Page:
[An] Author’s only obligation is to tell a story that works on it’s own terms. Now that could be something as something as simple as sticking to the expectations of a ‘sword & sorcery’ or throwing in a mix that will make a reader wonder what will happen next, which is exactly what happened to me when Newton kicked down the house of cards he had created in the first half. But there are different ways of dealing with politics and socially inclusion and he does stand out for his willingness to put these issues front and centre. And in some ways it’s easier to do in fantasy where the conventional is whatever you have made it. The trouble is that most authors don’t take advantage of the power they have in their own books.
I guess the the evangelising isn’t distracting but it might put some people off – but then again those readers aren’t likely to read a story about a gay albino anyway. What has surprised and pleased me a lot is the positive reactions he’s been getting from readers and their acceptance of the circumstances in the characters.
Read the rest. All authors love attention and their bellies being rubbed, but it is particularly nice when books are able to create such a debate.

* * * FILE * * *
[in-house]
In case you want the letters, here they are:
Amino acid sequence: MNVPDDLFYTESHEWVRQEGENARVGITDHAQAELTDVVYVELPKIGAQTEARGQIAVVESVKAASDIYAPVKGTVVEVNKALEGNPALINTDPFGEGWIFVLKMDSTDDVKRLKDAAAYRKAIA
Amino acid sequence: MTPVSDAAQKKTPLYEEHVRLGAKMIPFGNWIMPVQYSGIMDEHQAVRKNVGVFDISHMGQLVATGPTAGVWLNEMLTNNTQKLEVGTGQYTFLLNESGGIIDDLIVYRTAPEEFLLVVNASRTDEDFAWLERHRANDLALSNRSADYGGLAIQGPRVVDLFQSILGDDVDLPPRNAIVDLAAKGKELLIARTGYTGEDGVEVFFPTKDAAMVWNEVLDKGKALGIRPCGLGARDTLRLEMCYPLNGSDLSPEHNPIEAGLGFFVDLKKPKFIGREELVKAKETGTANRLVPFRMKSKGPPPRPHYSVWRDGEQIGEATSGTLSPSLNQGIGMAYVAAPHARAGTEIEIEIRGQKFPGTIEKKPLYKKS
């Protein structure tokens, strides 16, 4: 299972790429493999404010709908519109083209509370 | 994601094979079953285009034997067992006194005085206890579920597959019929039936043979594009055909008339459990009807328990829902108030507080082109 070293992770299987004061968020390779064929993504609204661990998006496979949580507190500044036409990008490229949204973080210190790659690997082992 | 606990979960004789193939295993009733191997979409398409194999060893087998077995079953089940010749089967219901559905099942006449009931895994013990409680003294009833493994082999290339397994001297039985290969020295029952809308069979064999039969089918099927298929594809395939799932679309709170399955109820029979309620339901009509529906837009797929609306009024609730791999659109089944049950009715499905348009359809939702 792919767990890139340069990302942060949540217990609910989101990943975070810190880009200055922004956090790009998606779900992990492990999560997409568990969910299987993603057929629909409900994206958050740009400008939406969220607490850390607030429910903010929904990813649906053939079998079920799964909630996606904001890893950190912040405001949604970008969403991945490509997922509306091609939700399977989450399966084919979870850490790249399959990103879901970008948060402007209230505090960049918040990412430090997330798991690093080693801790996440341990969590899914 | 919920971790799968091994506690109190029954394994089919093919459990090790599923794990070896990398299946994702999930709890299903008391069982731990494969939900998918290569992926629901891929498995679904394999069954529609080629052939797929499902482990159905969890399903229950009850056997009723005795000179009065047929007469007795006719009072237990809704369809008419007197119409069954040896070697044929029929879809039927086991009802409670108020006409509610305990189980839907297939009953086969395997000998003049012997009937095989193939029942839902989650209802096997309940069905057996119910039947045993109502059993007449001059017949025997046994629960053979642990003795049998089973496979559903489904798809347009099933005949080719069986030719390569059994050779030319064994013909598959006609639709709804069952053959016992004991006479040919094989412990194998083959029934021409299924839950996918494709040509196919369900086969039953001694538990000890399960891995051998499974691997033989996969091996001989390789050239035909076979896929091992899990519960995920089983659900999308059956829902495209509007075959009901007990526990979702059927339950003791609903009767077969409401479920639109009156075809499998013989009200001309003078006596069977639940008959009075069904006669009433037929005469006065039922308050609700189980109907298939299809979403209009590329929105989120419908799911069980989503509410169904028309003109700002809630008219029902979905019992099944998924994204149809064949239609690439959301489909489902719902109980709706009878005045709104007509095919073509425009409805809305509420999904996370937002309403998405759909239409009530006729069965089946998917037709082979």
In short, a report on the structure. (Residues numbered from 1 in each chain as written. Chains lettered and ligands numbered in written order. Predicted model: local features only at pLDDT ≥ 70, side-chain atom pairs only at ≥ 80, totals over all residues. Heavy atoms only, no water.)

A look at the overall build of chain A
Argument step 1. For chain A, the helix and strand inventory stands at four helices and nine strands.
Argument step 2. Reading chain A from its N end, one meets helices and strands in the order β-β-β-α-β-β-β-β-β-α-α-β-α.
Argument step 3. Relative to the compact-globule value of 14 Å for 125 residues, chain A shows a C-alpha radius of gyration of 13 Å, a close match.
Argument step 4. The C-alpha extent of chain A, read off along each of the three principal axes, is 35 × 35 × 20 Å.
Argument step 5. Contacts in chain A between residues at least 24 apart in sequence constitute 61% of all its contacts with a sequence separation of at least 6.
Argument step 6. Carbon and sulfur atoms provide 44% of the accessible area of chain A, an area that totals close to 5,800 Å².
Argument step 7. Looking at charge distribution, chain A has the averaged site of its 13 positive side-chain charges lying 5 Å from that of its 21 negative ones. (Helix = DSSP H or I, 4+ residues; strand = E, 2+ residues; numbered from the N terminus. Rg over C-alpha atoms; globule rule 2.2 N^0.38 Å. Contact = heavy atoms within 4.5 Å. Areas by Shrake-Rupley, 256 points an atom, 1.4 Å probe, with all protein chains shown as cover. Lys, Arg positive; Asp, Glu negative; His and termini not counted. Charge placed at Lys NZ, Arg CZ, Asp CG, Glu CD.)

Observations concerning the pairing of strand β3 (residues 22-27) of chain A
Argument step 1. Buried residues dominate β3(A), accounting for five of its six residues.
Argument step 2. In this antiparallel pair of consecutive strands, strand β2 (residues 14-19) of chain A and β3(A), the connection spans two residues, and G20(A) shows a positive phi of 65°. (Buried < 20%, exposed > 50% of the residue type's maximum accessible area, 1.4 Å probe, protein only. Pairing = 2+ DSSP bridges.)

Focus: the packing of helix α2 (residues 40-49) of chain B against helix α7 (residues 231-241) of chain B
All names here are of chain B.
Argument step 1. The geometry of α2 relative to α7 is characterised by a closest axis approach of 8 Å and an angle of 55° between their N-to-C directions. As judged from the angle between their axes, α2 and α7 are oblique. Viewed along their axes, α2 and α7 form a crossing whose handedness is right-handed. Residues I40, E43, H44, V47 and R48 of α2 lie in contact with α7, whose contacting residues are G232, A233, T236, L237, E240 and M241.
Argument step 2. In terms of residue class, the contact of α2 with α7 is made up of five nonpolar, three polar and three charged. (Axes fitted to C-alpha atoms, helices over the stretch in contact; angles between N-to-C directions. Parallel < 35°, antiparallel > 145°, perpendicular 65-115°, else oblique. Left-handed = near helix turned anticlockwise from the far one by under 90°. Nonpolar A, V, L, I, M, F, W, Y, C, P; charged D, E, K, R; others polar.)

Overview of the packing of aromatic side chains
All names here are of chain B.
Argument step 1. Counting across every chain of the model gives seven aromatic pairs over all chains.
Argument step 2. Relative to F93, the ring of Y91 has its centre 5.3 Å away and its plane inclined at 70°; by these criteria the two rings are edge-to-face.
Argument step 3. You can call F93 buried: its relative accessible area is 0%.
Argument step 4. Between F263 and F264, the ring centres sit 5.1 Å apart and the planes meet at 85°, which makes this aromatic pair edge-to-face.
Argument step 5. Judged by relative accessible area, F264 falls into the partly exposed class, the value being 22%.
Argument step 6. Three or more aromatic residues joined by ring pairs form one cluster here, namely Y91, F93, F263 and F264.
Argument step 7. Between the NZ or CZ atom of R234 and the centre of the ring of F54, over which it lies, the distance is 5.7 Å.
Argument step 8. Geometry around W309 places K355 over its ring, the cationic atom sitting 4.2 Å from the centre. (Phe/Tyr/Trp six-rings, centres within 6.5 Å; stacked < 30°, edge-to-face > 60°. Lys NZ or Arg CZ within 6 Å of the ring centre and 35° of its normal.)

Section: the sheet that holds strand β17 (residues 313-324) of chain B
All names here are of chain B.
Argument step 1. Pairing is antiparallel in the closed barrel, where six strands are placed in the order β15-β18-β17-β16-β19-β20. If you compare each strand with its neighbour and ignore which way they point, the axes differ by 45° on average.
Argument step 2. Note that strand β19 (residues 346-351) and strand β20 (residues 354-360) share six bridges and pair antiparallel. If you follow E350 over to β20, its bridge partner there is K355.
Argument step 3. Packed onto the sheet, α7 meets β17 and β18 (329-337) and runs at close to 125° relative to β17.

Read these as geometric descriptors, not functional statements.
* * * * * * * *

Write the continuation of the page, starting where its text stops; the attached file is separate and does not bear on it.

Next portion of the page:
Had lunch with my agent, John Jarrold, in Lincoln yesterday, where we celebrated a batch of royalties. (An interesting aside – ebooks are a tiny percentage of my sales thus far, so the revolution hasn’t quite made it to Blighty yet.) These are always civilised affairs, but with notably much less alcohol these days. Once I got so drunk with him I pretty much passed out at the table. When I was young and unpublished, lunch meetings were more about being young and bedazzled with the fact that I had an agent and that I wrote books and that it was rather cool. I was very much aware how these lunches have, the more books I write, become more industry focussed – a sign of maturity or paranoia or both. Now it’s more a case of interpreting royalties, discussing projects in more detail, state-of-the-industry gossip etc. Though it wasn’t without the odd whisky story, too: John worked as an editor on – and was featured in – Iain Banks’ whisky book, so there was a tale or two to be shared. (I can’t believe how much Banks spent on bottles of whisky!)
Finally, there will potentially be a disruption to blog service in the next week or so as I change web hosting. It’s in the lap of the tech gods (I’m pretty crap when it comes to such things) but it might mean the blog goes offline at some point and/or a few comments are eaten up in the system, or not. Hopefully more on that soon.